Debt monetization – printing money – is the second option. The Federal Reserve is already the in-house pawnbroker to the US government, purchasing government bonds in return for supplying reserves to the banking system. Expedient in the short term, it risks debasing the currency and setting off inflation. The absence of demand in the economy, industrial overcapacity, and the unwillingness of banks to lend have meant that successive rounds of "quantitative easing" – the fashionable moniker for printing money – have not resulted in higher inflation to date. But the longer-term risks remain.

Monetization is inexorably linked to devaluation of the US dollar. The now officially confirmed zero interest rates policy (ZIRP) and debt monetization is designed to weaken the dollar.

On October 19, 2010, Treasury Secretary Timothy Geithner told the Financial Times: "It is very important for people to understand that the United States of America and no country around the world can devalue its way to prosperity and competitiveness. It is not a viable, feasible strategy and we will not engage in it." The facts show otherwise.

Despite bouts of dollar buying on its safe haven status, the US dollar has significantly weakened over the last two years in a culmination of a long-term trend with minor retracements. In 2007 alone, the US dollar weakened by about 8%, improving America's external position by $450 billion, as US foreign investments gained in value but its debt denominated in dollars was unaffected.

On a trade-weighted basis, the US dollar has lost around 18% against major currencies since 2009. The US dollar has lost around 30% against the Swiss franc, 25% against the Canadian dollar, 37% against the Australian dollar, and 16% against the Singapore dollar over the same period.

US dollar devaluation makes it easier for the US to service its debt. In the balance of financial terror, it forces existing investors to keep rolling over debt to avoid realizing currency losses on their investments. It also encourages existing investors to increase investment, to "double down" to lower their average cost of US dollars and US government debt. The weaker US dollar also allows the US to enhance its competitive position for exports – in effect, the devaluation is a de facto cut in costs. This is designed to drive economic growth.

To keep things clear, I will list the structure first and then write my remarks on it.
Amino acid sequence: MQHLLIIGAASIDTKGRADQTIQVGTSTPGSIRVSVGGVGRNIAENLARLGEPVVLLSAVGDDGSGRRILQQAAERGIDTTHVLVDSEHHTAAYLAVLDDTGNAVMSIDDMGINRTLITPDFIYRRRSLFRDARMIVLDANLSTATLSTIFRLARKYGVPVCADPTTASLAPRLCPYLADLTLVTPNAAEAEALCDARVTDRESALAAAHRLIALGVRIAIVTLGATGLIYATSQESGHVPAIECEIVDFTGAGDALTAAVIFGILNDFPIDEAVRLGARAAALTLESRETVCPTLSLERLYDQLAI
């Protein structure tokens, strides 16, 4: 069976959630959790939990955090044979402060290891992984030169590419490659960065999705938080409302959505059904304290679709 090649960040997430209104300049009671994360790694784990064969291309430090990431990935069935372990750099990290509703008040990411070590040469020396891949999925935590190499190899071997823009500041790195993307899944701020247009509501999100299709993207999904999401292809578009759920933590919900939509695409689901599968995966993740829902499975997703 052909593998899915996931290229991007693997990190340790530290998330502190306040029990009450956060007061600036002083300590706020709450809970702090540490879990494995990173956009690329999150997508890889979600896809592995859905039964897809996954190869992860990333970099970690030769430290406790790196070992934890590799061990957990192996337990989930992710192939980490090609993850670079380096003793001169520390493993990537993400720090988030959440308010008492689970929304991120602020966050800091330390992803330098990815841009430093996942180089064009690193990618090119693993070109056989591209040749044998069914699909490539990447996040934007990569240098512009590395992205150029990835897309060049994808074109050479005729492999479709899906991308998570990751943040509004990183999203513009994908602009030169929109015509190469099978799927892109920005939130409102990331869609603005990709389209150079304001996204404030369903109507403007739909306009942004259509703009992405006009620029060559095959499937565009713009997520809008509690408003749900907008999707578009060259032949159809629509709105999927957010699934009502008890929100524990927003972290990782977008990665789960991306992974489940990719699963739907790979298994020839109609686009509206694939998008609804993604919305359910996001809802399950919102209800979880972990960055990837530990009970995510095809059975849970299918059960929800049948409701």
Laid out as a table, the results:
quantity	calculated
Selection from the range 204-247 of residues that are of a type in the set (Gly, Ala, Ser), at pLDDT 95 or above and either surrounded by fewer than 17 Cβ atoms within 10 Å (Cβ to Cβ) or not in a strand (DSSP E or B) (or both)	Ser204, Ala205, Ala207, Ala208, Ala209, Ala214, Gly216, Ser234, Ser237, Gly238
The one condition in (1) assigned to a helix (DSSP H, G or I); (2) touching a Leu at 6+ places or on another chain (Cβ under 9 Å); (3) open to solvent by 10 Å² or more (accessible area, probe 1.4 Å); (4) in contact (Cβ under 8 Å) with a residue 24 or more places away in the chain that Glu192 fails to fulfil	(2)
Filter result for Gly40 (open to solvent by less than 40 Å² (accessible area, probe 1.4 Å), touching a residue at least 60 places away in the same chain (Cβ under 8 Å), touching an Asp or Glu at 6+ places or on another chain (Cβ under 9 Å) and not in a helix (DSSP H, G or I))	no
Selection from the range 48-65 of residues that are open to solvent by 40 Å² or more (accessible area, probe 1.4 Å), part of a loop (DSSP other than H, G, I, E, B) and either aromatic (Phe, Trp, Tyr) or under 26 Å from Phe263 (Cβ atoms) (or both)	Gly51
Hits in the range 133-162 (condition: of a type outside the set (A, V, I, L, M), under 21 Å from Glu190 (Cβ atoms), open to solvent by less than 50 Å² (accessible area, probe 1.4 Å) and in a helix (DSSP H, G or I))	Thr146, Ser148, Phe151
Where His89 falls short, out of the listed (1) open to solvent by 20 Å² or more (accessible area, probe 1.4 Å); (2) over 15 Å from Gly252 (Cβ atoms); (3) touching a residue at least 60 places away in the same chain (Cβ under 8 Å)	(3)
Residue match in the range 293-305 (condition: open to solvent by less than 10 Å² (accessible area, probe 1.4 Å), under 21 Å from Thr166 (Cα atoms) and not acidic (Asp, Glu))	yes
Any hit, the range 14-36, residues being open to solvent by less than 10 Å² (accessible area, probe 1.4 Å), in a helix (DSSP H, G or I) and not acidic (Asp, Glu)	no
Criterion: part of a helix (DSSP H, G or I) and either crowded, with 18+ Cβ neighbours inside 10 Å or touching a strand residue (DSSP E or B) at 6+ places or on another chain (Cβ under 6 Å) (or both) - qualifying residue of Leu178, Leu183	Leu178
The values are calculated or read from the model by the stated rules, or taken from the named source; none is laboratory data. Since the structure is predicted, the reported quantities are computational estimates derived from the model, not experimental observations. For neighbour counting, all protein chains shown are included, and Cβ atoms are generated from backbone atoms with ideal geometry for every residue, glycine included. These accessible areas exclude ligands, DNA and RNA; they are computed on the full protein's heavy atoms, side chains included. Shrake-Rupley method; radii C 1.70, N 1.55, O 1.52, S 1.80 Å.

Valery Giscard d'Estaing, French Finance Minister under President Charles de Gaulle, famously used the term "exorbitant privilege" to describe the advantages to America of the role of the US dollar as a reserve currency and its central role in global trade. That privilege now is not only "exorbitant" but "extortionate." How long the rest of world will allow the US to exercise this "extortionate privilege" is uncertain.

No Exit

The US is in serious, perhaps irretrievable, financial trouble. Peter Schiff, president of Euro Pacific Capital, identified the state of the Union with characteristic bluntness:

Our government doesn't have enough spare cash to bail out a lemonade stand. Our standard of living must decline to reflect years of reckless consumption and the disintegration of our industrial base. Only by swallowing this tough medicine now will our sick economy ever recover.

There is a lack of political or popular will to take the action necessary to even stabilize the position. The role of US dollars and US government bonds in the financial system means that the problems are likely to spread rapidly to engulf other nations. As John Connally, Treasury secretary under President Richard Nixon, belligerently observed, "Our dollar, but your problem."

Minor symptoms, often increasing in frequency and severity, can provide warning of a life-threatening problem in a key organ, such as the heart. Since 2007, the global financial markets have been providing warnings of an impending serious crisis. Private-sector credit problems have spread to sovereign nations. Debt problems of smaller nations have flowed on to larger nations. The problems are gradually working their way to the issue of US debt. Without rapid and decisive action, which seems to be unlikely, a major organ failure within the global economy is now inevitable.

The magnitude of the problem and its effects are so large, market participants would do well to heed Douglas Adams' famous advice in The Hitchhikers Guide to the Galaxy. Find dark glasses that go black in the case of a crisis and a towel to suck on.